|Publication number||US4693686 A|
|Application number||US 06/829,725|
|Publication date||Sep 15, 1987|
|Filing date||Feb 14, 1986|
|Priority date||Feb 14, 1986|
|Publication number||06829725, 829725, US 4693686 A, US 4693686A, US-A-4693686, US4693686 A, US4693686A|
|Inventors||Victor I. Sendax|
|Original Assignee||Sendax Victor I|
|Export Citation||BiBTeX, EndNote, RefMan|
|Patent Citations (4), Referenced by (30), Classifications (9), Legal Events (5)|
|External Links: USPTO, USPTO Assignment, Espacenet|
The present invention relates to a magnetic dental implant retention system.
The main object of the present invention is to provide a dental prosthesis and a method of mounting same which overcome the disadvantages of the prior art.
In accordance with the present invention, the mating of a ferromagnetic, precious metal coping to the retentive neck of a dental implant through the use of a barrier cement, permits for the first time, rare earth miniature cobalt magnets to be applied to prosthetic retention systems for dental implants.
The ferromagnetic cast coping is preferably a noncorrosive castable precious metal alloy.
The implant neck extends through the permucosal soft tissue site 11/2 mm below the crest of the gingival ridge, providing room for the thickness of the ferromagnetic coping when cemented over this neck, so that the coping emerges as flush with the gingival crestal tissues. This feature of a magnetic-attractive coping residing flush with the ridge crest is important to the method of the invention since it minimizes destructive lateral loading stress on the implant. The barrier cement layer between coping and neck of implant, effectively discourages any dissimilar metal contact with its associated battery potential, and related corrosion morbidity. The cement is preferably zinc oxyphosphate or glass ionomer or resin type. The magnets are rare-earth cobalt-samarium ultraminiature magnets which provide 300 to 700 grams or more of magnetic retentive force, depending on whether magnet is a simple unit, multiple unit or fabricated into a more powerful sandwich assembly.
The prosthetic overdenture or bridge is thus a removable superstructure which retains the magnets on its gum tissue related side. The magnetic retention system also makes possible the often crucial elimination of a full denture palate in upper jaw applications.
The system is also useful for submerged implants, such as
(A) Endosseous (in-the-bone) or Endosteal
(B) Subperiosteal (on-the-bone) Full Arch or Unilateral
(C) Endodontic (through natural tooth root into surrounding bone)
(D) Transosseous (or Staple) (through lower jaw when there is a minimum of 9 mm of anterior bone)
(E) Hybrid Combinations of (A), (B), (C) & (D), plus periodontally sound natural teeth having endodontia, but without endostabilizers.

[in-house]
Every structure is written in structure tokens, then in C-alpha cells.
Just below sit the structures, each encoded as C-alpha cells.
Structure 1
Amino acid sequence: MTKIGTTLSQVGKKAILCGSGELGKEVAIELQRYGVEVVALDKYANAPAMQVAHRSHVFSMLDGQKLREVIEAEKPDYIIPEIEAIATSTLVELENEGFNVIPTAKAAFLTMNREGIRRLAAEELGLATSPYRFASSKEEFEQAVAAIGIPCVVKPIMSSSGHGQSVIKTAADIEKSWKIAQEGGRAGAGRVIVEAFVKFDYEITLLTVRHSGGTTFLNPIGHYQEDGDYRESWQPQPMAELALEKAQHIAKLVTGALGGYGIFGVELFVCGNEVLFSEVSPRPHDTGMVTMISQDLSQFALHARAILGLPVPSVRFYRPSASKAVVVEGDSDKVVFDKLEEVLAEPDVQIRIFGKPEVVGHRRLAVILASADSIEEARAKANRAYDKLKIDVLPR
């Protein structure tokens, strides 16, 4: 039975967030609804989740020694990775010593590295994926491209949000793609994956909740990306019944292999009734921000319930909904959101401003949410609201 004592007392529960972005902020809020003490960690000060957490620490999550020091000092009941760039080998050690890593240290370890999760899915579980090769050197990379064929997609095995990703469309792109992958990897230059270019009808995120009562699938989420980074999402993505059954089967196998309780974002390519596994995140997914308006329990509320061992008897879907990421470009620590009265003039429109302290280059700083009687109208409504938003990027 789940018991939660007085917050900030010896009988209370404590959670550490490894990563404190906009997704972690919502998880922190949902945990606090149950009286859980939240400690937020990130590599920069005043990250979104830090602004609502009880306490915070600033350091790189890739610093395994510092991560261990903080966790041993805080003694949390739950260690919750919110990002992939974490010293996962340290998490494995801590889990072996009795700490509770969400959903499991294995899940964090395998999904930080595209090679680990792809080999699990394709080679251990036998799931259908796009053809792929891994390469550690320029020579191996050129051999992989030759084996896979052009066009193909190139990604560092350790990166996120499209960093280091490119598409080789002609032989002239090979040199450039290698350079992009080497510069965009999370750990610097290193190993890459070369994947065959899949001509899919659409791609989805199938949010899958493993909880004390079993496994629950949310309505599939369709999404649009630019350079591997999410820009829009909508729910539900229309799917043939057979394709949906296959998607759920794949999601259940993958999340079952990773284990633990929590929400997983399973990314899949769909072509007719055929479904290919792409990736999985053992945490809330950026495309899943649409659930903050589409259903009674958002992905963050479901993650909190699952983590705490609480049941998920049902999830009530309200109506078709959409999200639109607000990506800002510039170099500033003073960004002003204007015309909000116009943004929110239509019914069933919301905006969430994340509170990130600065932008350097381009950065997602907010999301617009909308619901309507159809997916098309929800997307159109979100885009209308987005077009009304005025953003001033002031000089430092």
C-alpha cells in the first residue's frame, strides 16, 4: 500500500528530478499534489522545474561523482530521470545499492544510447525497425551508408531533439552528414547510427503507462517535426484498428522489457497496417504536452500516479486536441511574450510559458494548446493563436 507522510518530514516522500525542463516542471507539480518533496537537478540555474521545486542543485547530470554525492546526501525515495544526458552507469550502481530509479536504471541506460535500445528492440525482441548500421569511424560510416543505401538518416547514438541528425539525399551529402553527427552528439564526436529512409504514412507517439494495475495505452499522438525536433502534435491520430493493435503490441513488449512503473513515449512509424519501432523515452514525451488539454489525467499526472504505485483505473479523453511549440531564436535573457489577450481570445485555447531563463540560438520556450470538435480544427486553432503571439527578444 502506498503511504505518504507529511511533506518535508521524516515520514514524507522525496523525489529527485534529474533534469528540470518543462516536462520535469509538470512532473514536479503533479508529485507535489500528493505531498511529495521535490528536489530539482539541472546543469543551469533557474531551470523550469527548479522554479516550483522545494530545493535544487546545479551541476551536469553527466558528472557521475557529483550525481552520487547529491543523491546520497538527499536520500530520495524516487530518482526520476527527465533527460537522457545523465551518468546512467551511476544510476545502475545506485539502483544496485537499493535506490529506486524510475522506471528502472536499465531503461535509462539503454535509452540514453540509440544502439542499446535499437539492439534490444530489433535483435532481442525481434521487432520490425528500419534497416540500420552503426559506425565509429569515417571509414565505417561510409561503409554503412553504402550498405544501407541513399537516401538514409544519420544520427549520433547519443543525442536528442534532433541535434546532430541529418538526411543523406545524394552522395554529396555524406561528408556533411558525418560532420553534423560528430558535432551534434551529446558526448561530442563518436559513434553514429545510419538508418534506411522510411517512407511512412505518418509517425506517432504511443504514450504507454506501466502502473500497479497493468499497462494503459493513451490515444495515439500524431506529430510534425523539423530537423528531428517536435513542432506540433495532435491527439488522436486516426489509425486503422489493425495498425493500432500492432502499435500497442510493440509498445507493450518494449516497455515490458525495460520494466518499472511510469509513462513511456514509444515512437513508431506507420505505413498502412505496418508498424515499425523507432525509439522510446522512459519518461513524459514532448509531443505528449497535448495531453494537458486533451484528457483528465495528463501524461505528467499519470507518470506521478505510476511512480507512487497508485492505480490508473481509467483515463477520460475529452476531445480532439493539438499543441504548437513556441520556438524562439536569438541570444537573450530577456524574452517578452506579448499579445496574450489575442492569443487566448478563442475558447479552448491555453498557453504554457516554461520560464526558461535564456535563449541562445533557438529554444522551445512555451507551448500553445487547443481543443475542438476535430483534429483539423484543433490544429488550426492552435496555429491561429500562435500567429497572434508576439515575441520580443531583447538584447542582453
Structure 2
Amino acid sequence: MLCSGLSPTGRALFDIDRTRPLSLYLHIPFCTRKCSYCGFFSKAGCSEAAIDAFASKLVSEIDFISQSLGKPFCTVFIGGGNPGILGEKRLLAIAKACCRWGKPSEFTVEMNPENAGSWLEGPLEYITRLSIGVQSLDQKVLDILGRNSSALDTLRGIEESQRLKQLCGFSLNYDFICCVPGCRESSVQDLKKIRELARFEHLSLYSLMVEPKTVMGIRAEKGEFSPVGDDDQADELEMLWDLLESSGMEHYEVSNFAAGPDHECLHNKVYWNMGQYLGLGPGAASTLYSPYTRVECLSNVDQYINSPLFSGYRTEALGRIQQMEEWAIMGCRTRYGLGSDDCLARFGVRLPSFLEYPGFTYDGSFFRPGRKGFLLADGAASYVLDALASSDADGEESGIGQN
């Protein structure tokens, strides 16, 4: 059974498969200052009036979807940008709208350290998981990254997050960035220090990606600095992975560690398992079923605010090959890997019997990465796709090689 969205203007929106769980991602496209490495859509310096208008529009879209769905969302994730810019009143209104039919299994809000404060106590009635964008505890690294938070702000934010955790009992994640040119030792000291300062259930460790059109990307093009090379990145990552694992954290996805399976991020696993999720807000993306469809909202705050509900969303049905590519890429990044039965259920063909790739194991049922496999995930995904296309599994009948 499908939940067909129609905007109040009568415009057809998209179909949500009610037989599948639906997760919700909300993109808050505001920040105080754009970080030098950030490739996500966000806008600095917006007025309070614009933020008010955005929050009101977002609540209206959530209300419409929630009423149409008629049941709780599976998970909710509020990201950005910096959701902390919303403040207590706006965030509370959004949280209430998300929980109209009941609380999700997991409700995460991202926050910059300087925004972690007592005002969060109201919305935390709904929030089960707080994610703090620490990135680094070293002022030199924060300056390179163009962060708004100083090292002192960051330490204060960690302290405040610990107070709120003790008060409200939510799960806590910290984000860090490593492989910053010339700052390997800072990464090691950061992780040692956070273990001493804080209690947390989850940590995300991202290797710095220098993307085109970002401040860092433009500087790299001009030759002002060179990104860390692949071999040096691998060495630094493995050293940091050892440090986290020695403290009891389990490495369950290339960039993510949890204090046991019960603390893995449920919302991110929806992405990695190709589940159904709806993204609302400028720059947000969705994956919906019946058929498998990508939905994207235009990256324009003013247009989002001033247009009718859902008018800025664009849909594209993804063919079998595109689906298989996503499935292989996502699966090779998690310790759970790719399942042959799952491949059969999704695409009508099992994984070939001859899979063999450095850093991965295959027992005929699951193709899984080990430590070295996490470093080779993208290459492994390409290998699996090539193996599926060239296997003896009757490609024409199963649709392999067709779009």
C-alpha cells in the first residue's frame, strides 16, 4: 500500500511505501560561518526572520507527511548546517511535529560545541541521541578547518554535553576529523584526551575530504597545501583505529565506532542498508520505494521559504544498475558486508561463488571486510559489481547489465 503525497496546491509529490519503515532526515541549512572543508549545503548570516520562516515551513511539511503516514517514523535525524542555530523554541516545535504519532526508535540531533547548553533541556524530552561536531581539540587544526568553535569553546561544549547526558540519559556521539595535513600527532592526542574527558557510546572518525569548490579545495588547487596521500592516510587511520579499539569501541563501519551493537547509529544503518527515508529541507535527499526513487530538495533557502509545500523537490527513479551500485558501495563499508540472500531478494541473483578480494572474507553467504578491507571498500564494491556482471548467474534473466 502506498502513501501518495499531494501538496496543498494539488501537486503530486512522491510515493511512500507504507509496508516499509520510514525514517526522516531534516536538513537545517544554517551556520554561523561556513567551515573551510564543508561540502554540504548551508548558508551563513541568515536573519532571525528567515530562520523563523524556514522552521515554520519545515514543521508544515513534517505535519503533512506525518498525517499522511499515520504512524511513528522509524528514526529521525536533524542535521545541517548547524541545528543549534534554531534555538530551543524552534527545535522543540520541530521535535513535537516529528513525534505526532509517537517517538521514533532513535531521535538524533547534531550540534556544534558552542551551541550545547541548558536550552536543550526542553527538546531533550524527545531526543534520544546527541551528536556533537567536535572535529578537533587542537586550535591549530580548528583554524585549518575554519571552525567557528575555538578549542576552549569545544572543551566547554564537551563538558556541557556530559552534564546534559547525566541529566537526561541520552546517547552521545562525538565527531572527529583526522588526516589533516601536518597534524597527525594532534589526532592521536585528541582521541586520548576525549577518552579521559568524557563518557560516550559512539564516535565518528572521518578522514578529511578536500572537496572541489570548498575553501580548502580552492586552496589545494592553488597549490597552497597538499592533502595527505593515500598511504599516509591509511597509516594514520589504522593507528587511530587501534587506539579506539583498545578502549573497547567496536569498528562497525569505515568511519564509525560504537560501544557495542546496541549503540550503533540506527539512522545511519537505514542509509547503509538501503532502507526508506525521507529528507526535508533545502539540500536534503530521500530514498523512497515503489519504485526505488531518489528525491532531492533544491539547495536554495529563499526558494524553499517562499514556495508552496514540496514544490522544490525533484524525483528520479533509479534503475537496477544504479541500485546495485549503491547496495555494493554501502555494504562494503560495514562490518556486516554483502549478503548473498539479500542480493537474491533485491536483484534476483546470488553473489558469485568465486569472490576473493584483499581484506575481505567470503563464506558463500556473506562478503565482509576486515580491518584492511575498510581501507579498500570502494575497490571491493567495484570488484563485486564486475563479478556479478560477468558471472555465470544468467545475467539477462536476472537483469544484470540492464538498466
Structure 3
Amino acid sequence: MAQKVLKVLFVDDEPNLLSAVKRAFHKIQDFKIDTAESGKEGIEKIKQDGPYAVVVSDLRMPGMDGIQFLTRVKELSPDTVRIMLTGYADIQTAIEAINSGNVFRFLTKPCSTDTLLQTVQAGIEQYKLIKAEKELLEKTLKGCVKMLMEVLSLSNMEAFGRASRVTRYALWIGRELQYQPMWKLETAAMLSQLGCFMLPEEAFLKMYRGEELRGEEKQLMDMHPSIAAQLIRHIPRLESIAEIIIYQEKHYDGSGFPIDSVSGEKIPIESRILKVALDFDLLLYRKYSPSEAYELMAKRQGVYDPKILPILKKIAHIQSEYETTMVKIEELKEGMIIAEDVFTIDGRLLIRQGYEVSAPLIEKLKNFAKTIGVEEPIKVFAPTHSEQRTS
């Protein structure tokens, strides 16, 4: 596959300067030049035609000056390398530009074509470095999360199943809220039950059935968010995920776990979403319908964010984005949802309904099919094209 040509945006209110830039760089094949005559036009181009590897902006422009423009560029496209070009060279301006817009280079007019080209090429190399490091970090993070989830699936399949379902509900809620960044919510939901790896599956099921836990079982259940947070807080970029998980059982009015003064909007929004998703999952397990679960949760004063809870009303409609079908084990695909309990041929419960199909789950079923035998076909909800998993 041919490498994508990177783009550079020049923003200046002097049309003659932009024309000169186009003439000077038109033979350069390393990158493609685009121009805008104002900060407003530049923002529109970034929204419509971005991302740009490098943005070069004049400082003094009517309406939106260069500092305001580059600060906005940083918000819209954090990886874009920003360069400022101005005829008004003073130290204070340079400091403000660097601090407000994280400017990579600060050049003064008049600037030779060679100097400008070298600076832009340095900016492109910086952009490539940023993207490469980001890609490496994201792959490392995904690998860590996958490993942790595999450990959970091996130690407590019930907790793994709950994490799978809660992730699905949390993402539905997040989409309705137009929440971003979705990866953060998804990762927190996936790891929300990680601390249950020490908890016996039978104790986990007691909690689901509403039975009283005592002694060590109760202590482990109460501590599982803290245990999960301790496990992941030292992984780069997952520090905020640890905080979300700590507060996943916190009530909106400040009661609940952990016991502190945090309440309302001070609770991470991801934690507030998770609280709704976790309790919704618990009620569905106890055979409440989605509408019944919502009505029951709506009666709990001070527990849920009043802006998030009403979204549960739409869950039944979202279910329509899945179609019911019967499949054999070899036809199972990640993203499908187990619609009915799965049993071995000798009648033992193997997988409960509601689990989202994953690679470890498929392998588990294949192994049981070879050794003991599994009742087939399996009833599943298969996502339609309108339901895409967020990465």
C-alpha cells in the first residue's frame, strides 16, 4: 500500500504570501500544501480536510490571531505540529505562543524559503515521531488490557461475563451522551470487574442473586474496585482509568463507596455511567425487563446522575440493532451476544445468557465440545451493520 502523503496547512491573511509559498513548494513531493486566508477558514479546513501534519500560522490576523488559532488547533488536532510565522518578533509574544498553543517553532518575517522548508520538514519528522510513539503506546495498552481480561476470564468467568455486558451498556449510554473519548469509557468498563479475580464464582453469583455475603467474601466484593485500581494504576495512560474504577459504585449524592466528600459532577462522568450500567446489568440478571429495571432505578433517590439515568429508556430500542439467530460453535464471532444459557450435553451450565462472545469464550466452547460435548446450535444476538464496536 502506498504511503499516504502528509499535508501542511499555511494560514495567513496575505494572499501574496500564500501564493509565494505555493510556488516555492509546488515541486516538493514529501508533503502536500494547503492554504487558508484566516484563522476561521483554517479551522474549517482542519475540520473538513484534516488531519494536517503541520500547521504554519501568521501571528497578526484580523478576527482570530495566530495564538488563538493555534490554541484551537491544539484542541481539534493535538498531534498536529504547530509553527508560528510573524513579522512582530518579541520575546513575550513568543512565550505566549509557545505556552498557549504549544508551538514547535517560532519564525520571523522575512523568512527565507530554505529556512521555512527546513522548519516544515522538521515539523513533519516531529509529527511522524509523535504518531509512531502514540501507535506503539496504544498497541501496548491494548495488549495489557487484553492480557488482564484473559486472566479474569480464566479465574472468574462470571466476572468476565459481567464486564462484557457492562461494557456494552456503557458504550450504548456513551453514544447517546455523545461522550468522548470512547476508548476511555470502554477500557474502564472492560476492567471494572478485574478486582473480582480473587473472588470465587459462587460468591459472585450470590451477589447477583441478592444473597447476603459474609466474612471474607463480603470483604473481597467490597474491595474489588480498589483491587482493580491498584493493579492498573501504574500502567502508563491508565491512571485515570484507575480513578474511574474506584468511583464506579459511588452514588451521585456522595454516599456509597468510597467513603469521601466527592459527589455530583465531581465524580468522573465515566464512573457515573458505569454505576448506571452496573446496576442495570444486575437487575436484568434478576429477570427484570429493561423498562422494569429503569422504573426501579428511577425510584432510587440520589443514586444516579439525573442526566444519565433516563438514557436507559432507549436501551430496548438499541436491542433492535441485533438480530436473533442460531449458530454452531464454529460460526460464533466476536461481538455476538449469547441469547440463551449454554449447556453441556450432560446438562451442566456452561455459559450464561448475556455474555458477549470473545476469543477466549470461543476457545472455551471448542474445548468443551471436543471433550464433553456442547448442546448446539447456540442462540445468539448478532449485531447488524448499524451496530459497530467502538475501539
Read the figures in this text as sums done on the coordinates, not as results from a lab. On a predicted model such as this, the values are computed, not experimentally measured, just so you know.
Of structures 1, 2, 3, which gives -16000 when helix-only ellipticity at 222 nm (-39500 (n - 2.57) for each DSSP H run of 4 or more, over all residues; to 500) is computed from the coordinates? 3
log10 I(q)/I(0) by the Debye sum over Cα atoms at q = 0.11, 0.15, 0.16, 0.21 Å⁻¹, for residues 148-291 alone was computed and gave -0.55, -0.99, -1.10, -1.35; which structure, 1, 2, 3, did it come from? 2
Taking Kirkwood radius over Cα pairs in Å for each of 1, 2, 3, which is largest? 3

The potential for mixing all forms of implants and natural tooth roots gives the magnetic retention system a versatility unmatched by other existing systems and the potential for an extended useful life for both roots and implants.
The present invention has many advantages associated with it. For example, there is a favorable crown-root ratio or crown-implant ratio since ferro-magnetic coping is fabricated flush with the crest of residual ridge. As a corollary consequence any interdental space, large or small, may be accommodated. Vertical dimension variations and freeway space considerations are readily incorporated into the reconstructive scheme. Further, there is no critical temporization problems since the inventions makes possible a conservative management of periodontal therapy (gingivoplasty and curettage) and simple follow-up to impression-taking consists of painting soft tissues with tincture of benzoin, and saline irrigations. Interim post-coping preparations are temporarily filled with CAVIT or temporary cement between visits.
Moreover, no compromises are necessary on esthetics since minimum bulk of copings and miniature magents minimizes esthetic and contour problems. Additionally, lip and cheek support from the removable prosthesis flanges provide critical plumping where necessary without making the patient unduly conscious of the fact that they are wearing something loose and moveable. The feeling is more akin to the proprioceptive sensation of a fixed bridge than a removable prosthesis, since skidding and instability are virtually eliminated. In many cases where there are sufficient tooth roots and/or implant supports it may be possible to eliminate the palate from maxillary prostheses, adding greatly to the sensation of a fixed, non-gag bridge. Similarly, where there are enough abutment supports, a bulky labial flange may also be eliminated, avoiding the extreme "denture look" where there is already excessive labial alveolar protrusion.
The method is significantly cost-effective as opposed to the onerous unit costs of fixed bridge systems since relatively modest expenses are generated by the precious metal post-copings for both natural roots and implants, along with the cobalt magnets. The only significant expense would relate to the laboratory charges for the removable prosthesis itself, which would be on a par with any conventional denture fabrication. As a consequence, it puts this type of sophisticated prosthetic refinement within the financial reach of patients from all economic strata, with special emphasis on the advanced geriatric patient where funds are often limited and the need is often greatest.